As could be expected, I refined my process of writing as I progressed through my classes at DePaul. For my purposes, I separate writing methods and products into two categories: Narrative and Academic. In either method I use the technology available to my best advantage. Search, language options, and cut/paste functions are my best friends and I use them liberally. In stark contrast to the technology available at the stroke of a key or click of a mouse, it never fails to amaze me that the structural rules I learned writing fourth grade themes form the solid basis for all my writing.
When writing a narrative piece I find myself working in a free form style, jotting notes on scraps of paper for future development, creating outlines to be revised and filled in. Because narrative writing draws almost exclusively from my imagination and memory, I find that I hop from one thought to another and back again. I can often compose a piece from start to finish in one sitting but have embraced the value of re-reading it the next day with a fresh eye. The process of gathering the bits of my narrative has a dream like quality. The process of knitting these pieces together into smooth coherence requires careful editing, ordering and transitions. My process for writing academic papers incorporates all the elements of narrative writing with the very important addition of using a spreadsheet.
Early in my experience at DePaul, my academic writing skills took a huge leap in Applied Research. I read about and employed an extremely valuable method using excel spreadsheets to record concepts and quotes as I read journal articles. I recorded all pertinent information: title, author, page number, etc. and created citations for each source. As I moved through my outline, I replaced the tedious and time consuming method of paging through hard copies of articles for highlights or margin notes by electronically searching my file for a concept or key word. At this point, my academic writing was far more easily done, my citations were more accurately documented and creating my source page was reduced to a minute’s long process of copying, pasting and sorting alphabetically. I cannot recommend this method enthusiastically enough.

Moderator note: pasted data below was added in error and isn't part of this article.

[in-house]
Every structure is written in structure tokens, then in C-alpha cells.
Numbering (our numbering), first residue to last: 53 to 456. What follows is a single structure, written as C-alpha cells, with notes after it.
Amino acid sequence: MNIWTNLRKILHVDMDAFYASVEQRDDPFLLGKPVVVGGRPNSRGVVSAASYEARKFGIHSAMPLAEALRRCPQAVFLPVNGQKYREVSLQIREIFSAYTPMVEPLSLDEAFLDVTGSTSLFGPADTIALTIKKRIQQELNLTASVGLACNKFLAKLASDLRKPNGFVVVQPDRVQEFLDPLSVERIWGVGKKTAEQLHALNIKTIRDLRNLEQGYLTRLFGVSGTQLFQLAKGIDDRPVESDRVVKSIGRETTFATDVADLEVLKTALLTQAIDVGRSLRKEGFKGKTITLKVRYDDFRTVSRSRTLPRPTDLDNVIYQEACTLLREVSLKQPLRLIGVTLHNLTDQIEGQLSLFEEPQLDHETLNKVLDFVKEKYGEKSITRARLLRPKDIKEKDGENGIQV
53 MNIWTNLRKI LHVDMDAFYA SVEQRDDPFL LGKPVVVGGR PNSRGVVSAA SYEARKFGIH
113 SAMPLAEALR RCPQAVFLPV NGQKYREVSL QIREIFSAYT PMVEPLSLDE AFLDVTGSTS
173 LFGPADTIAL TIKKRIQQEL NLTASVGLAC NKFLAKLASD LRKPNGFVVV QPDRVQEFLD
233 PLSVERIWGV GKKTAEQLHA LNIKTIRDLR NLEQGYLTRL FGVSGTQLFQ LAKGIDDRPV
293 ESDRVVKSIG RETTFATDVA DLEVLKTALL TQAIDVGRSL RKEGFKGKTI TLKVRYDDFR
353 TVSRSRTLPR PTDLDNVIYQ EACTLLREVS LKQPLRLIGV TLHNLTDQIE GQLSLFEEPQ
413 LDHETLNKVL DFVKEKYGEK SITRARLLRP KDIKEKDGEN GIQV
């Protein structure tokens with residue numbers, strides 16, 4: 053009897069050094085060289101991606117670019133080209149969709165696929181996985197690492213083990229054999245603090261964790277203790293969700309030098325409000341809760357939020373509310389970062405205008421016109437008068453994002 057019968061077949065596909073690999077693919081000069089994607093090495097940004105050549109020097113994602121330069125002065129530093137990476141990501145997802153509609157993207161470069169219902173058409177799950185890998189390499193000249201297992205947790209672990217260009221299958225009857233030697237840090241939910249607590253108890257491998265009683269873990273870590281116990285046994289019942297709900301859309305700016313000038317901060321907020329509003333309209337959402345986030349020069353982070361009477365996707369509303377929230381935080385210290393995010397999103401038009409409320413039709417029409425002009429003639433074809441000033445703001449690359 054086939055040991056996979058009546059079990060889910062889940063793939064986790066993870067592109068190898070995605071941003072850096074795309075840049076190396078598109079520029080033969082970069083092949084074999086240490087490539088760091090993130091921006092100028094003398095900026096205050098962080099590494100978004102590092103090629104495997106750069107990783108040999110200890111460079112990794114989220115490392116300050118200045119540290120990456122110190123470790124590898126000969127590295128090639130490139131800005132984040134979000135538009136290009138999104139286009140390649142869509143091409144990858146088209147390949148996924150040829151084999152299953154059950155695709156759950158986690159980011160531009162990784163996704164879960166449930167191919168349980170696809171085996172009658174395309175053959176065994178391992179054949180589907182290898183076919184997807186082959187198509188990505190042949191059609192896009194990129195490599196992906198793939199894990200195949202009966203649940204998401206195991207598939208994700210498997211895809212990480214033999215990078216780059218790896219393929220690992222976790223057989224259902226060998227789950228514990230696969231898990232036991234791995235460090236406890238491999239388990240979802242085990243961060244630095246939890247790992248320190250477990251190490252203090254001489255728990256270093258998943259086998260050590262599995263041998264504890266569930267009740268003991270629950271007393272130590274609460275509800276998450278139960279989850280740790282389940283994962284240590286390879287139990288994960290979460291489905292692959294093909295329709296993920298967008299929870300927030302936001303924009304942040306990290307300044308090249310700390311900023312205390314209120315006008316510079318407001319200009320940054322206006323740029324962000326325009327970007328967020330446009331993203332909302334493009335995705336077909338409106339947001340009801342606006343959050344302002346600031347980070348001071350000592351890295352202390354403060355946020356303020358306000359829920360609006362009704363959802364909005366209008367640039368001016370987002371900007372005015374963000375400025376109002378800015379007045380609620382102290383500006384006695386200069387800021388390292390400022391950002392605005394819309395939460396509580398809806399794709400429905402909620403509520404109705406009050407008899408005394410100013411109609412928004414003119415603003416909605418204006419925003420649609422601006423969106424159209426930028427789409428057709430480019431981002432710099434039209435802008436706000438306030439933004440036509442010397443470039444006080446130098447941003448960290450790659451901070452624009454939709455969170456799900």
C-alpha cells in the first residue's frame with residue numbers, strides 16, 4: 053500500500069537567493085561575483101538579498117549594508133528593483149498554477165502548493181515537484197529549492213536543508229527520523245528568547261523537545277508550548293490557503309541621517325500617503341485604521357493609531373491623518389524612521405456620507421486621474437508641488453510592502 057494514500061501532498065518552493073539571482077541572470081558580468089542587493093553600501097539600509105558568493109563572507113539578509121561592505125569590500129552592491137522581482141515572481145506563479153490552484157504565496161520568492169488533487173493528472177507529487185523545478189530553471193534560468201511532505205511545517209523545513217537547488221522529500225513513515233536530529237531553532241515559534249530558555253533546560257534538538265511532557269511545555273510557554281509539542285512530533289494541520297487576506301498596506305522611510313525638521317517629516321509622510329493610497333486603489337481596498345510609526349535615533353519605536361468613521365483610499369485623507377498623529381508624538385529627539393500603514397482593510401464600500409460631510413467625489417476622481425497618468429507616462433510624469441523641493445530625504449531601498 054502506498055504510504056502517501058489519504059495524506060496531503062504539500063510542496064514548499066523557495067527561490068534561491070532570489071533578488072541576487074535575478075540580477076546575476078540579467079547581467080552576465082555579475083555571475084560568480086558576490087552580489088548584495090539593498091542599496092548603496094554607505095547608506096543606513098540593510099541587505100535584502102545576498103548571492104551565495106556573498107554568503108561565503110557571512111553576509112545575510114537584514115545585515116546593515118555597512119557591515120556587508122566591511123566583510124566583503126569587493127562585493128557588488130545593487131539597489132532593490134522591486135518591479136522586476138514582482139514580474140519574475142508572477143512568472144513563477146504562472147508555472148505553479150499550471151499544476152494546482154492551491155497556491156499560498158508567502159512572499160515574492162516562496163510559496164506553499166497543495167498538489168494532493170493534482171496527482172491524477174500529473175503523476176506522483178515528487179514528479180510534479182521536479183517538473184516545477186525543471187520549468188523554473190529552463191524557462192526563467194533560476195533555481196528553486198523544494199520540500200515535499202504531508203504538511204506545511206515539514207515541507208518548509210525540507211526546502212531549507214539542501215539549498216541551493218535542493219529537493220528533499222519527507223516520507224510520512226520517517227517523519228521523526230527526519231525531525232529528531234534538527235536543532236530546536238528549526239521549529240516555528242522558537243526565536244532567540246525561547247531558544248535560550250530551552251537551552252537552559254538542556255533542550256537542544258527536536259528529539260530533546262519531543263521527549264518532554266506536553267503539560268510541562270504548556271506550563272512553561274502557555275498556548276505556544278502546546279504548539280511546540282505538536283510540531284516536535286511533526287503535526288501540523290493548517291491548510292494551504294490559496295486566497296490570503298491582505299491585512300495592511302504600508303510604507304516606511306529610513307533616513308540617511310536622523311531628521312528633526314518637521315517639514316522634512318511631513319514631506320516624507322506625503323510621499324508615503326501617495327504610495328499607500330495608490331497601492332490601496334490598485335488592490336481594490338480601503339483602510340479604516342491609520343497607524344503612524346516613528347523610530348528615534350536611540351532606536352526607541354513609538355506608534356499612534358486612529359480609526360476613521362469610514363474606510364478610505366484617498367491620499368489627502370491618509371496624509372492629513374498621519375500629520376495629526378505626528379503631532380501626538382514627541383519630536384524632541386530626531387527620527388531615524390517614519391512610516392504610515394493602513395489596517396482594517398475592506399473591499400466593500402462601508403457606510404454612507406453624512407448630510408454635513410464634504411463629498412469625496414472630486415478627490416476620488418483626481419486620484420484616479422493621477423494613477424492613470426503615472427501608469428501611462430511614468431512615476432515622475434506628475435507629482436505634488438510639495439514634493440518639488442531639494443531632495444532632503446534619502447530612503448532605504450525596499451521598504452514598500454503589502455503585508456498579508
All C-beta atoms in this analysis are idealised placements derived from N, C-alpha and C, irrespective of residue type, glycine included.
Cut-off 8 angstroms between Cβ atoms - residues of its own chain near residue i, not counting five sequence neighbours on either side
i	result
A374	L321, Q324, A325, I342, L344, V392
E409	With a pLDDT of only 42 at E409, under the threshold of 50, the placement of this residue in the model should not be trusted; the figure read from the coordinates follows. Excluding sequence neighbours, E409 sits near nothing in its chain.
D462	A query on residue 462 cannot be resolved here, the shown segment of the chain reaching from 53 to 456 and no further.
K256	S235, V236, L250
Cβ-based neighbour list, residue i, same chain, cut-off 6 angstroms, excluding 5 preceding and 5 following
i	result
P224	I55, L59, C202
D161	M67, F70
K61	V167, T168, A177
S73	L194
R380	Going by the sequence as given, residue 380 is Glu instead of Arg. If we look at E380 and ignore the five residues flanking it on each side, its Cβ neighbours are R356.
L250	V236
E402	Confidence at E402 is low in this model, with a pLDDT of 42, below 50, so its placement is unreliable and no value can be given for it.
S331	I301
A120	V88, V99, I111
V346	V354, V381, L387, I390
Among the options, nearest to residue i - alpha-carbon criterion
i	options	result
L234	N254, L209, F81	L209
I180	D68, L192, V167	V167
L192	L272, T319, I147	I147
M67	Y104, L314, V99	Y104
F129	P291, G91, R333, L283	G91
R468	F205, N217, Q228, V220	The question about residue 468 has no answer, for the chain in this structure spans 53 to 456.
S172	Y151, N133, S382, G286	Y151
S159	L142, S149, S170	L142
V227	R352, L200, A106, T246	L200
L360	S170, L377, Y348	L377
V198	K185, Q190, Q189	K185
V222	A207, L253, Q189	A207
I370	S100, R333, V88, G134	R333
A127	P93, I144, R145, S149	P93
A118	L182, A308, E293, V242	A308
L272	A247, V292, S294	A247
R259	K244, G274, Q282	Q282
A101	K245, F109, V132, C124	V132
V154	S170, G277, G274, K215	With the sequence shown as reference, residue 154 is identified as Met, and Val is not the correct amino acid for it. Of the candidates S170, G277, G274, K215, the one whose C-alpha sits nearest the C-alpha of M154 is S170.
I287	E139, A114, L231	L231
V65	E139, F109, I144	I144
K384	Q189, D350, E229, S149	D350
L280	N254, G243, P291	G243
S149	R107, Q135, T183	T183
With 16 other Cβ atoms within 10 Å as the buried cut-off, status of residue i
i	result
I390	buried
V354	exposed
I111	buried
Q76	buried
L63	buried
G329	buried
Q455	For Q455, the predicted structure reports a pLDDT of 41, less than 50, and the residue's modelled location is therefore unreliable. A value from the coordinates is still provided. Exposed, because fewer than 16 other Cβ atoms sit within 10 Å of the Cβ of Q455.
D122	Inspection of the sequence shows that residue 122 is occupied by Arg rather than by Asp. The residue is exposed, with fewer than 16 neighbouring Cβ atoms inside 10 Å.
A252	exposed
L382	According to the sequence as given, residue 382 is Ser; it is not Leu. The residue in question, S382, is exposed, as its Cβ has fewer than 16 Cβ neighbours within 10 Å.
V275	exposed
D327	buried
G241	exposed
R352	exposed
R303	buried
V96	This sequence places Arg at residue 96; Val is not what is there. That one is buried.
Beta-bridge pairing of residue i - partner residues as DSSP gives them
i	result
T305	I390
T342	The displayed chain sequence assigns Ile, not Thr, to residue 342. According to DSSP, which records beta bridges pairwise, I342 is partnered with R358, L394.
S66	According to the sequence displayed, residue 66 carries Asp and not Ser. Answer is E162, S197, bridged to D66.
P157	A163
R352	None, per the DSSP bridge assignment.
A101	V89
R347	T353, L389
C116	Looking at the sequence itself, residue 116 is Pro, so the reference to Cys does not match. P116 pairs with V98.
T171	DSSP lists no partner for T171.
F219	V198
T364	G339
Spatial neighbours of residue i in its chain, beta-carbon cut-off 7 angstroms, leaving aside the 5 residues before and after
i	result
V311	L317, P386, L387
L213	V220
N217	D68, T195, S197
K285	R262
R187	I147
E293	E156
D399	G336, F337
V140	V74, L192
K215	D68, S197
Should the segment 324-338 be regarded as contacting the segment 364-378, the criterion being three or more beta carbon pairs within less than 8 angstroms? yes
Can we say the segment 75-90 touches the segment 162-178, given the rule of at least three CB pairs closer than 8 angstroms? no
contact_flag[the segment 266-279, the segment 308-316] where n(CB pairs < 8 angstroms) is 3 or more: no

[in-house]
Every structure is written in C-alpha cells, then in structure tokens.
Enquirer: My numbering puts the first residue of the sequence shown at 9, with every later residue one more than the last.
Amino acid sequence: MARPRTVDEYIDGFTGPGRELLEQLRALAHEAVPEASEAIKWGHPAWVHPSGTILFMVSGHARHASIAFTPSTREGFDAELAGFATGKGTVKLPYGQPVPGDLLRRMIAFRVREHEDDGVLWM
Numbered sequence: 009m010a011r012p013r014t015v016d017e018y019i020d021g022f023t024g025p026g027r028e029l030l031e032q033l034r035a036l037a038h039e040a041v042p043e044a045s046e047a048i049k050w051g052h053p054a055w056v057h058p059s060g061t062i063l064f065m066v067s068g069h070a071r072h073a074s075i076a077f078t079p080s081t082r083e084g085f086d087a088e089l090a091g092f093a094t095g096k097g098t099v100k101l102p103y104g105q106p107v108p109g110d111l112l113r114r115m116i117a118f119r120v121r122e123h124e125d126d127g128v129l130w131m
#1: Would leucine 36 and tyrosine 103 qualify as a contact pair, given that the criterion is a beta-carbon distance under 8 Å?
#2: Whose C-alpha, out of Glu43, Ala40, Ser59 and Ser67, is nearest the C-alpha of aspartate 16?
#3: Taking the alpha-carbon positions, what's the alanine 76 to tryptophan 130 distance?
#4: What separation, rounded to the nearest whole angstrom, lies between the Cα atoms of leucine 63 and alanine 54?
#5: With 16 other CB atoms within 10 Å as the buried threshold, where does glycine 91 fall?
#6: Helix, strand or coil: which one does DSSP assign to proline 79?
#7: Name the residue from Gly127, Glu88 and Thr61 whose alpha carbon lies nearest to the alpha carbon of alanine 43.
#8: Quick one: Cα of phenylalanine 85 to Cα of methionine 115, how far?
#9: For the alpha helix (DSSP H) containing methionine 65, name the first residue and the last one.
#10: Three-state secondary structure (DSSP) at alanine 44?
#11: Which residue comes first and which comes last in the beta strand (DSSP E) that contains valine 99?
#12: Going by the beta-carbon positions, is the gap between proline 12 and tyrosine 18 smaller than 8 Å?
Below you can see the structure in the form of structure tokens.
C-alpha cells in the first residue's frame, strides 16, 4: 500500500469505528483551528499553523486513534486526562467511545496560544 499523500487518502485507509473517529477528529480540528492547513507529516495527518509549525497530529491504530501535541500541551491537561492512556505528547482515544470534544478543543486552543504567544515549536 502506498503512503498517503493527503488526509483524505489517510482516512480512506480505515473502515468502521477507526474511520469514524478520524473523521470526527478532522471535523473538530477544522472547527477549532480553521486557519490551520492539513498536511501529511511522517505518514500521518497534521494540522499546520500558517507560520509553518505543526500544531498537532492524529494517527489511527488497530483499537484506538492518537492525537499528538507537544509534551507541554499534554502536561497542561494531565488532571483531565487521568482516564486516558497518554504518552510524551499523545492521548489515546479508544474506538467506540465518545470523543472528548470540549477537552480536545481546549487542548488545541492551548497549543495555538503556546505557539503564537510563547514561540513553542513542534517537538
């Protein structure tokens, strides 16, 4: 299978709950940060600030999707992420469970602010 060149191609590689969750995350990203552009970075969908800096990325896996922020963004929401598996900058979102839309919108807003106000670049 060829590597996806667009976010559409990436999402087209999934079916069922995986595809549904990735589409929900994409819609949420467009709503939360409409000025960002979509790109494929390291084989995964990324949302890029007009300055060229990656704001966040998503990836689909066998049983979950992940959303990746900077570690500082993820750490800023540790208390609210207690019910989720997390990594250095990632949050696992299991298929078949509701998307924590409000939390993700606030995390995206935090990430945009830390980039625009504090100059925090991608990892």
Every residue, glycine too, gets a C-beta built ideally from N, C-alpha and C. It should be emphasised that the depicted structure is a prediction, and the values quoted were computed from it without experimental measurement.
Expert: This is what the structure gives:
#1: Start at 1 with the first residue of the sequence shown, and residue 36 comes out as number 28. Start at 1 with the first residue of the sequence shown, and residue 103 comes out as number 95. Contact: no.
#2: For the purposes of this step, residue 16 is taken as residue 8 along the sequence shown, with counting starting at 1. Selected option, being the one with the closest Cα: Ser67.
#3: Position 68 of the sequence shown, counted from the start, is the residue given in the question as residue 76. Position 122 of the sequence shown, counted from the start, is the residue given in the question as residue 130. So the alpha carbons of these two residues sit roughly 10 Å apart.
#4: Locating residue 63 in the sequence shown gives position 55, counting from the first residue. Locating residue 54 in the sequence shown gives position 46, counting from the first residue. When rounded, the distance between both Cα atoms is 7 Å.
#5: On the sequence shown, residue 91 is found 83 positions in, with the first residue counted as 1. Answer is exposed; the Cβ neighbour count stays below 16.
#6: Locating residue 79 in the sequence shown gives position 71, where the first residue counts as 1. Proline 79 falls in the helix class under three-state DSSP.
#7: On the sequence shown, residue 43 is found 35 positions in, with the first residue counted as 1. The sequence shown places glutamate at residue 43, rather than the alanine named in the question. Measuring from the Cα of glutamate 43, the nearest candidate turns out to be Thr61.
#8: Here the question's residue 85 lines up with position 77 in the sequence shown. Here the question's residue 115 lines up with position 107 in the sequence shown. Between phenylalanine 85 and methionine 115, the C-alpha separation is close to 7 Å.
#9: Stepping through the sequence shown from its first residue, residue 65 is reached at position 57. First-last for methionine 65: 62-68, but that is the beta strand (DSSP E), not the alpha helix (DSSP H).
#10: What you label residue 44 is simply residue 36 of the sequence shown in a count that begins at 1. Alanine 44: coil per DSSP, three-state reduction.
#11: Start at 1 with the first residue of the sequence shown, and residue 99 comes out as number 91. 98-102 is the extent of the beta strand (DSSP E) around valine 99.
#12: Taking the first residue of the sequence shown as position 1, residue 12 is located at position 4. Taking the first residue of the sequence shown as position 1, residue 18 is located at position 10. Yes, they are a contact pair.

If I am limited to offering only one suggestion to undergrads regarding writing, it is to avoid turning in assignments at 2:00 a.m. no matter how confident you are in your final product. The few hours between your completion and when you awaken the following day all too often reveal errors in grammar, obvious duplications or worse. Like many undergrads, I learned this lesson the hard way.
When I attended my first information session in Naperville to learn about the DePaul School for New Learning, I vividly recall the session leader declaring “This is a writing intensive program”. I also recall my reaction. I steeled myself and thought “…well, if that’s what it takes I’ll take my best swing”. Although I was intimidated, I saw it as a challenge to be faced with strength and tenacity. I dare say I met this challenge and emerged the victor.
To read Kristine's winning showcase entry, please visit: http://www.snl.depaul.edu/writing/SchultzEnd.pdf.